Plus, at the beginning, one of our volunteers created a garden for us between the outside wall and the pavement.outside garden Unfortunately that got a tad neglected during work on Hazel so that and an area just inside the gate is currently being worked on. Again – more beaurocracy – an out of work volunteer is happy to do the work but she is being stopped as evidently doing that doesn’t give her enough time to job search to the current regulations. Despite it giving her pleasure and fulfillment while unemployed.


Booking now open for Hazel’s Well-Being trips

The Wooden Canal Boat Society is now offering fully crewed Well​-Being cruises on ‘Hazel’, a beautifully restored historic wooden canal boat.  We offer local cruises and longer breaks, providing rest and relaxation for people having a tough time because of poor mental or physical health or other difficulties.      

Inside Hazel

Our 70ft narrow boat comes fully equipped with a kitchen, a shower/bathroom and a traditional back cabin area and can sleep up to 8 people for overnight trips.    The large saloon has log burning stove and we also have central heating to keep our guests nice and warm.    Trips depart from Portland Basin in Ashton-under-Lyne, with a choice of routes on the local canal network.  Half day cruise prices start from £150.00.

Now taking group bookings – if you would like to find out more, please contact me by replying to this post

or message Anne-Louise Black on Facebook at …..  https://www.facebook.com/profile.php?id=100008677594172&fref=ts (copy and paste this into your browser) or mail her at a.black@wcbs.org.uk

or phone at……….. 07860944969.

Good news; Flickr’s back !!

For all our visitors who’d like to see photos about the history of the Society and our boats there’s good news – the link to our photos on Flickr (all 8,154 of them !!) can now be seen by clicking on the link on our front page. Then, when one album comes up, click up at the top left-hand corner to see Kit-Crewbucket’s list of albums.

Enjoy !!

Congratulations !!!

Marsh award photo - CopySome great news for W.C.B.S. today – read it here from this website: http://www.marshchristiantrust.org/Historic_Vessel_Conservation

Marsh Volunteer Award for Historic Vessel Conservation

This Award is run in partnership with National Historic Ships, the official voice for historic vessels in the United Kingdom. This award regonises those who have made a valuable contribution to the conservation, or operation of historic vessels in the UK and is an opportunity to recognise and thank outstanding volunteers.

The 2014 winner is Chris Leah

Chris set up the Wooden Canal Craft Trust in 1987, which changed its name to the Wooden Canal Boat Society in 1997, to maintain and restore two boats which he had been working to repair for many years: Forget Me Not and Lilith. Over the next few years, the organisation gained a strong reputation and acquired four more historically valuable boats, often working with British Waterways to do so.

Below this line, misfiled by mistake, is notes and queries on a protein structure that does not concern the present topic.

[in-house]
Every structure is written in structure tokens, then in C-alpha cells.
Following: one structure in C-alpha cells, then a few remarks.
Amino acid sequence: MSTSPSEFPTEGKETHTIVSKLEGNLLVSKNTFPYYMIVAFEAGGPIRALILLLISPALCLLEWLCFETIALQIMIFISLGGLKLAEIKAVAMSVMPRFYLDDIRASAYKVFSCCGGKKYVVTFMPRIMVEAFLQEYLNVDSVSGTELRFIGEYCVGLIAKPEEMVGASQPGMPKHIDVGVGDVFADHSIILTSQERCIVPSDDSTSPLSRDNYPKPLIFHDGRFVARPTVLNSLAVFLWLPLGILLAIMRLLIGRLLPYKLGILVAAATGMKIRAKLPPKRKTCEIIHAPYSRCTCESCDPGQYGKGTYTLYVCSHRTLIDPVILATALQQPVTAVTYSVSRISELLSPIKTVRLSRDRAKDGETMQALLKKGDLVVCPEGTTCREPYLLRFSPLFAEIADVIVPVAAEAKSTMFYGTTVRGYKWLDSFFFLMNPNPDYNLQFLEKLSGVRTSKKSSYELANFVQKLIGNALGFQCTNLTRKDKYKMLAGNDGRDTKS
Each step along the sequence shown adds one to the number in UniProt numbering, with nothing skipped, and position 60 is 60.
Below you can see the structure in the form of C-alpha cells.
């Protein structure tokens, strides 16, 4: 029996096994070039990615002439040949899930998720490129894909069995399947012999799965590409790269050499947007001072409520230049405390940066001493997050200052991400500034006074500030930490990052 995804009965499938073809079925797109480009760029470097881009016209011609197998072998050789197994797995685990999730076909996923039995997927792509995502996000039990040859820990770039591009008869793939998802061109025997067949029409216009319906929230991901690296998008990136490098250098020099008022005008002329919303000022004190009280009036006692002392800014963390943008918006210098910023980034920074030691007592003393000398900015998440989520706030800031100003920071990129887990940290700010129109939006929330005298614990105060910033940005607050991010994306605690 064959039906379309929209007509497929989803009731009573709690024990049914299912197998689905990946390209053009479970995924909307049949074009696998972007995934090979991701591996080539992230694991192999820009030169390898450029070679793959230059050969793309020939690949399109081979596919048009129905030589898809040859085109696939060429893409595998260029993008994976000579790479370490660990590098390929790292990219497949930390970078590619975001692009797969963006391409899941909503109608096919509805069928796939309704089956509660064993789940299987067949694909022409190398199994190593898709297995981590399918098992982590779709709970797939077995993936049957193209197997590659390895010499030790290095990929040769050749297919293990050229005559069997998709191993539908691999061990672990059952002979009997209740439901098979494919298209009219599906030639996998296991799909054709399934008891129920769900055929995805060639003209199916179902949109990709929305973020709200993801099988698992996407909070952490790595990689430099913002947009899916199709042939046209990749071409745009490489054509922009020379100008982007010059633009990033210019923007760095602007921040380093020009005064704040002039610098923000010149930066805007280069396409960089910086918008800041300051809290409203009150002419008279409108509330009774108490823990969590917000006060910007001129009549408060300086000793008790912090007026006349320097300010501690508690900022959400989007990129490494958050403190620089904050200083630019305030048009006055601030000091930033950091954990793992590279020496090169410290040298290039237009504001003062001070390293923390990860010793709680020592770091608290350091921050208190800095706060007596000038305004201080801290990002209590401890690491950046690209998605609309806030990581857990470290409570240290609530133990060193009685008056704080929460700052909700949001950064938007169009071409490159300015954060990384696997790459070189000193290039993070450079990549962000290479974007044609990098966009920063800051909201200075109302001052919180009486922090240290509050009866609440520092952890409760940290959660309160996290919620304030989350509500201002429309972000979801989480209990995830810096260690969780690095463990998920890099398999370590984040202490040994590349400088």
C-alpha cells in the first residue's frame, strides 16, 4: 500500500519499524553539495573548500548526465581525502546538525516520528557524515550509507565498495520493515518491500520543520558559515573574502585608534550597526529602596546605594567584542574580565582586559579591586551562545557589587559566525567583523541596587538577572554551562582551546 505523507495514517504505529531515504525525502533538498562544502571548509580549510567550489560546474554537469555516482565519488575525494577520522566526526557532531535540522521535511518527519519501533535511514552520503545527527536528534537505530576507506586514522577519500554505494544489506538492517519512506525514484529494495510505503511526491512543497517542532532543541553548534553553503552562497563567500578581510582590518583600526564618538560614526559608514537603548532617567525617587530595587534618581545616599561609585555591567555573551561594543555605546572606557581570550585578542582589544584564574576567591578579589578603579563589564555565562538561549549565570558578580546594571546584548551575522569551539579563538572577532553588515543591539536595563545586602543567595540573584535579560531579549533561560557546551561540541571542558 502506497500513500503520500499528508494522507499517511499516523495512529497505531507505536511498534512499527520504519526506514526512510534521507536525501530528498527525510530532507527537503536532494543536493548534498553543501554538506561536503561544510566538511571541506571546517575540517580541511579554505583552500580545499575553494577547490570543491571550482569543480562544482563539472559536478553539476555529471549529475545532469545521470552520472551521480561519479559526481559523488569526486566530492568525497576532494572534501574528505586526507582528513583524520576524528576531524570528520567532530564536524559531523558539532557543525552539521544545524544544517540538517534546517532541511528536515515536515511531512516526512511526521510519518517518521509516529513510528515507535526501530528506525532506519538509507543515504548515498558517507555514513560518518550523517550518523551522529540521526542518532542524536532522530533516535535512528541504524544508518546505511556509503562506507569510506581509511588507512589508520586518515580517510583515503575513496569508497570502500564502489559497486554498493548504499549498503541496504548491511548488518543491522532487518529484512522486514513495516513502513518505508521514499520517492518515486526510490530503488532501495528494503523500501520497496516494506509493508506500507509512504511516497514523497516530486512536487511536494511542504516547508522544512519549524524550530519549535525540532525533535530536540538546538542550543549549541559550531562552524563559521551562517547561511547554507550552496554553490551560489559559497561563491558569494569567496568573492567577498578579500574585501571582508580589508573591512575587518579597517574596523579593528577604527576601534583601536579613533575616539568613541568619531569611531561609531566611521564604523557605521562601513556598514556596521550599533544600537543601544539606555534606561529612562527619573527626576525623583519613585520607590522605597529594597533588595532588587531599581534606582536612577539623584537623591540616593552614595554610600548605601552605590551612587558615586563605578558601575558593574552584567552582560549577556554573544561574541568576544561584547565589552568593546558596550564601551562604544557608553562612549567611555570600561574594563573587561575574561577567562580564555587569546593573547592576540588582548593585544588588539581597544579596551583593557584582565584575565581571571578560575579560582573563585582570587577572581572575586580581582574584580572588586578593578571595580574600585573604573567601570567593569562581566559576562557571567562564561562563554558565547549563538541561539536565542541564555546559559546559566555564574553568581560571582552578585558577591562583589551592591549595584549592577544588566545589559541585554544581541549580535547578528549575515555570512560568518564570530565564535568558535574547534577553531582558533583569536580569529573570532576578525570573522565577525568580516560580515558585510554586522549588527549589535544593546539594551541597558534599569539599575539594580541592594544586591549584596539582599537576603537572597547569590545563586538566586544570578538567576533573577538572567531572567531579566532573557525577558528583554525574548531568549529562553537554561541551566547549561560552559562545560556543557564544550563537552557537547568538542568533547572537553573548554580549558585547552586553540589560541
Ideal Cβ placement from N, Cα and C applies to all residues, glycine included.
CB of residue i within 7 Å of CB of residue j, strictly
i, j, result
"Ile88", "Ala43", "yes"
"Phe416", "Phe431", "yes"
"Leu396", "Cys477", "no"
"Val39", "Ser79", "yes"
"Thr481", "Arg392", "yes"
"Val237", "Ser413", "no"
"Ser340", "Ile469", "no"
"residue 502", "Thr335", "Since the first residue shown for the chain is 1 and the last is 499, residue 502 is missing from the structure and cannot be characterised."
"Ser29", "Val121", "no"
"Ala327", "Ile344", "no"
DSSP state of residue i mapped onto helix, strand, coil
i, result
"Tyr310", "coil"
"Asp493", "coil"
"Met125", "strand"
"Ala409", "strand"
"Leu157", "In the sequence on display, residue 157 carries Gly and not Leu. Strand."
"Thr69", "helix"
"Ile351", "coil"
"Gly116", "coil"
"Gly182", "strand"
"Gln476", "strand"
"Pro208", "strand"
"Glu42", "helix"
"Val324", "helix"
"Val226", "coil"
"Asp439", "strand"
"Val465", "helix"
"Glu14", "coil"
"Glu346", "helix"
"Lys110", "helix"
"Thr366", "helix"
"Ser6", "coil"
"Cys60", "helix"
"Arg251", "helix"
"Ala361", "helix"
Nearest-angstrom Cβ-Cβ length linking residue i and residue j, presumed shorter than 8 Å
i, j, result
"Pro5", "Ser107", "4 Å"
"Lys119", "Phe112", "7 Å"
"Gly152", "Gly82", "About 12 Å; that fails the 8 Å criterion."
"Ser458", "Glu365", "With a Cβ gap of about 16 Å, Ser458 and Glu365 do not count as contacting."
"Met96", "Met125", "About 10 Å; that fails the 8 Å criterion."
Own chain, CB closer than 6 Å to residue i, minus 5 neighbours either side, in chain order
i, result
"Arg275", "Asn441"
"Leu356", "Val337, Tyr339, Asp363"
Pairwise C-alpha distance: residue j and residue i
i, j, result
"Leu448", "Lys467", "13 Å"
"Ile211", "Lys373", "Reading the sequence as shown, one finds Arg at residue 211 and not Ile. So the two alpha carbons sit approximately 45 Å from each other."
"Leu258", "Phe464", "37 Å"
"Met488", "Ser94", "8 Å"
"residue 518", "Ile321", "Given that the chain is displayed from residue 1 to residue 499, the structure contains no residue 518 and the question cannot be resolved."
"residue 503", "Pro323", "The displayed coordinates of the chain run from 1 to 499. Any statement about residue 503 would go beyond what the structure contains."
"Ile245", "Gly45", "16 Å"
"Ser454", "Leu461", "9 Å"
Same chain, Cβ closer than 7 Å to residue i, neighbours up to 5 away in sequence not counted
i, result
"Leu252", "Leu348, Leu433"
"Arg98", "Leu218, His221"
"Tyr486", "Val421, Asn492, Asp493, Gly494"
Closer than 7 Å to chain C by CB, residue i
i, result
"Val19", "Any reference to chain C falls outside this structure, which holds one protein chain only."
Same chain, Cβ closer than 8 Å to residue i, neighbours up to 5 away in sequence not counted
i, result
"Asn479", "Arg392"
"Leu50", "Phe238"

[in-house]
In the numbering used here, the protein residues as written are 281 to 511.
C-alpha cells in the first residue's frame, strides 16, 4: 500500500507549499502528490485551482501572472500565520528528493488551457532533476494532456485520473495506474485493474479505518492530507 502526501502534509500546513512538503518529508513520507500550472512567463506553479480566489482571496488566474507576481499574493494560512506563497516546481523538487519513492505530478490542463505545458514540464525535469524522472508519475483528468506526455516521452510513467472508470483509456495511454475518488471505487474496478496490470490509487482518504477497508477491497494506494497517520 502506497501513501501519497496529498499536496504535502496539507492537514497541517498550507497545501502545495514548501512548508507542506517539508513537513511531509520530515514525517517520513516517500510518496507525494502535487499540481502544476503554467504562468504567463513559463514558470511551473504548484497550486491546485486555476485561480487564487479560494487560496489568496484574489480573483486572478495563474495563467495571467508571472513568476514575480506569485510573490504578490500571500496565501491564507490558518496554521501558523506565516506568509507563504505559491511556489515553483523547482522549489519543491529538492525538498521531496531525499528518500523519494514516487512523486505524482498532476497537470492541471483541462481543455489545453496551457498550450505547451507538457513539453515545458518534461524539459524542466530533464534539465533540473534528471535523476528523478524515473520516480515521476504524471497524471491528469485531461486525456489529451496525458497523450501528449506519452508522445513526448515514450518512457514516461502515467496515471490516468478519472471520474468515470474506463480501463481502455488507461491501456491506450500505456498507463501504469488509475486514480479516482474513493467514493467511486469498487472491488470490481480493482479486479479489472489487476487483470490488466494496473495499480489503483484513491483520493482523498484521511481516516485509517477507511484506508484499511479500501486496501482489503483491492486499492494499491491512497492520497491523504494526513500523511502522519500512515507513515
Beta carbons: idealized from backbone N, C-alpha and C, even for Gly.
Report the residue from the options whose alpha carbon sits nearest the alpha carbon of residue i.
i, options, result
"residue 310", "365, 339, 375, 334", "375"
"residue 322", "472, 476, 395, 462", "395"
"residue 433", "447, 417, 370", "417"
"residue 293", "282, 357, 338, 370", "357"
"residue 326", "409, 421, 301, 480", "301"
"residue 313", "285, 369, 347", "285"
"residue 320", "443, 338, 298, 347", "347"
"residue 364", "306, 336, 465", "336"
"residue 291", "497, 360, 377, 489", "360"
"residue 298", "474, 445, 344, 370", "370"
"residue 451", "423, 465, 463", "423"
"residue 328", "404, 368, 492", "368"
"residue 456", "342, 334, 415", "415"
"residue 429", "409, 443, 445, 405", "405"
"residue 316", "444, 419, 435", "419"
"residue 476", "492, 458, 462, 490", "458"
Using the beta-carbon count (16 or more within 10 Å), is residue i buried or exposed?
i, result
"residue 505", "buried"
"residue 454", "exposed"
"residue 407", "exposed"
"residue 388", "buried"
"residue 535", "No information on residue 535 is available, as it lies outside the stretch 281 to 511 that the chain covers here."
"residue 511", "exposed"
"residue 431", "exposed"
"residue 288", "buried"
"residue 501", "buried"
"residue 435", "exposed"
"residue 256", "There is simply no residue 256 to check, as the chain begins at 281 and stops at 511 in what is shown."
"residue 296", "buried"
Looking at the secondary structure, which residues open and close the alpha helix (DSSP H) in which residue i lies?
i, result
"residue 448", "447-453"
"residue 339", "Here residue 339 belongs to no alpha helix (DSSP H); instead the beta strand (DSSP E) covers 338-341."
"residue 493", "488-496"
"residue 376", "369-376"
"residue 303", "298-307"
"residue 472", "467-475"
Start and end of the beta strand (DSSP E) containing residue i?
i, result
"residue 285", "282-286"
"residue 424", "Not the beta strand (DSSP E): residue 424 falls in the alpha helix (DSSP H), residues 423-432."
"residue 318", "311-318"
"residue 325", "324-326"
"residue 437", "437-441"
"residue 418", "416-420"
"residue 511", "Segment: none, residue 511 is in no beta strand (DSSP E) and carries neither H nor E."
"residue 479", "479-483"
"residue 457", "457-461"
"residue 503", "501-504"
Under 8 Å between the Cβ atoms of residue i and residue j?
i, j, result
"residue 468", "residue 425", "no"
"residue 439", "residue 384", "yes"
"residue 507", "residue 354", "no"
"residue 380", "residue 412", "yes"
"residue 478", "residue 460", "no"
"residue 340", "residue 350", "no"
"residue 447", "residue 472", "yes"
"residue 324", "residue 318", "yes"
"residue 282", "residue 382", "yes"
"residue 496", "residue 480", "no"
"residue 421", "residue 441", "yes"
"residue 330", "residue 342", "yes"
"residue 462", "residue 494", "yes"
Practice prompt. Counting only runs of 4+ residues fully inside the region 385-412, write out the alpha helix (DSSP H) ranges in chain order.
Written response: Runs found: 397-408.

Chris has been central to raising significant funds for the organisation. He was key in securing support from Tameside Council, which provided a boat-yard for the organisation. On the first Sunday of every month, Chris takes two boats out into the local community near the Ashton Canal, and with the help of other volunteers collects donations, whilst giving people the opportunity to learn more about the boats.

Perhaps Chris’s most significant contribution has been to bring historic boats to people in the community. Volunteers reported that spending time on the canal and boats helped to alleviate anxiety or depression. This encouraged Chris to rebuild the vessel ‘Hazel’ as a wellbeing boat for people recovering from mental health problems, people with disabilities and those who are marginalised within their community, to spend time on the boat and even learn new skills.

Chris has committed vast amounts and time, energy and passion to the conservation of historic vessels and to the community. The majority of his work is done as a volunteer and his vision and beliefs have helped the Wooden Canal Boat Society develop into the successful society it is today.

Nail-biting !!

We’ve just heard that Chris Leah has been short-listed for this award –

Marsh Volunteer Award for Historic Vessel Conservation

This Award is run in partnership with National Historic Ships, the official voice for historic vessels in the United Kingdom. This award recognises those who have made a valuable contribution to the conservation, or operation of historic vessels in the UK and is an opportunity to recognise and thank outstanding volunteers.

The announcement of the overall winner will be made at their award ceremony this month on the 21st October on-board HQS Wellington.

Please keep all your fingers crossed for Chris – he certainly deserves this recognition!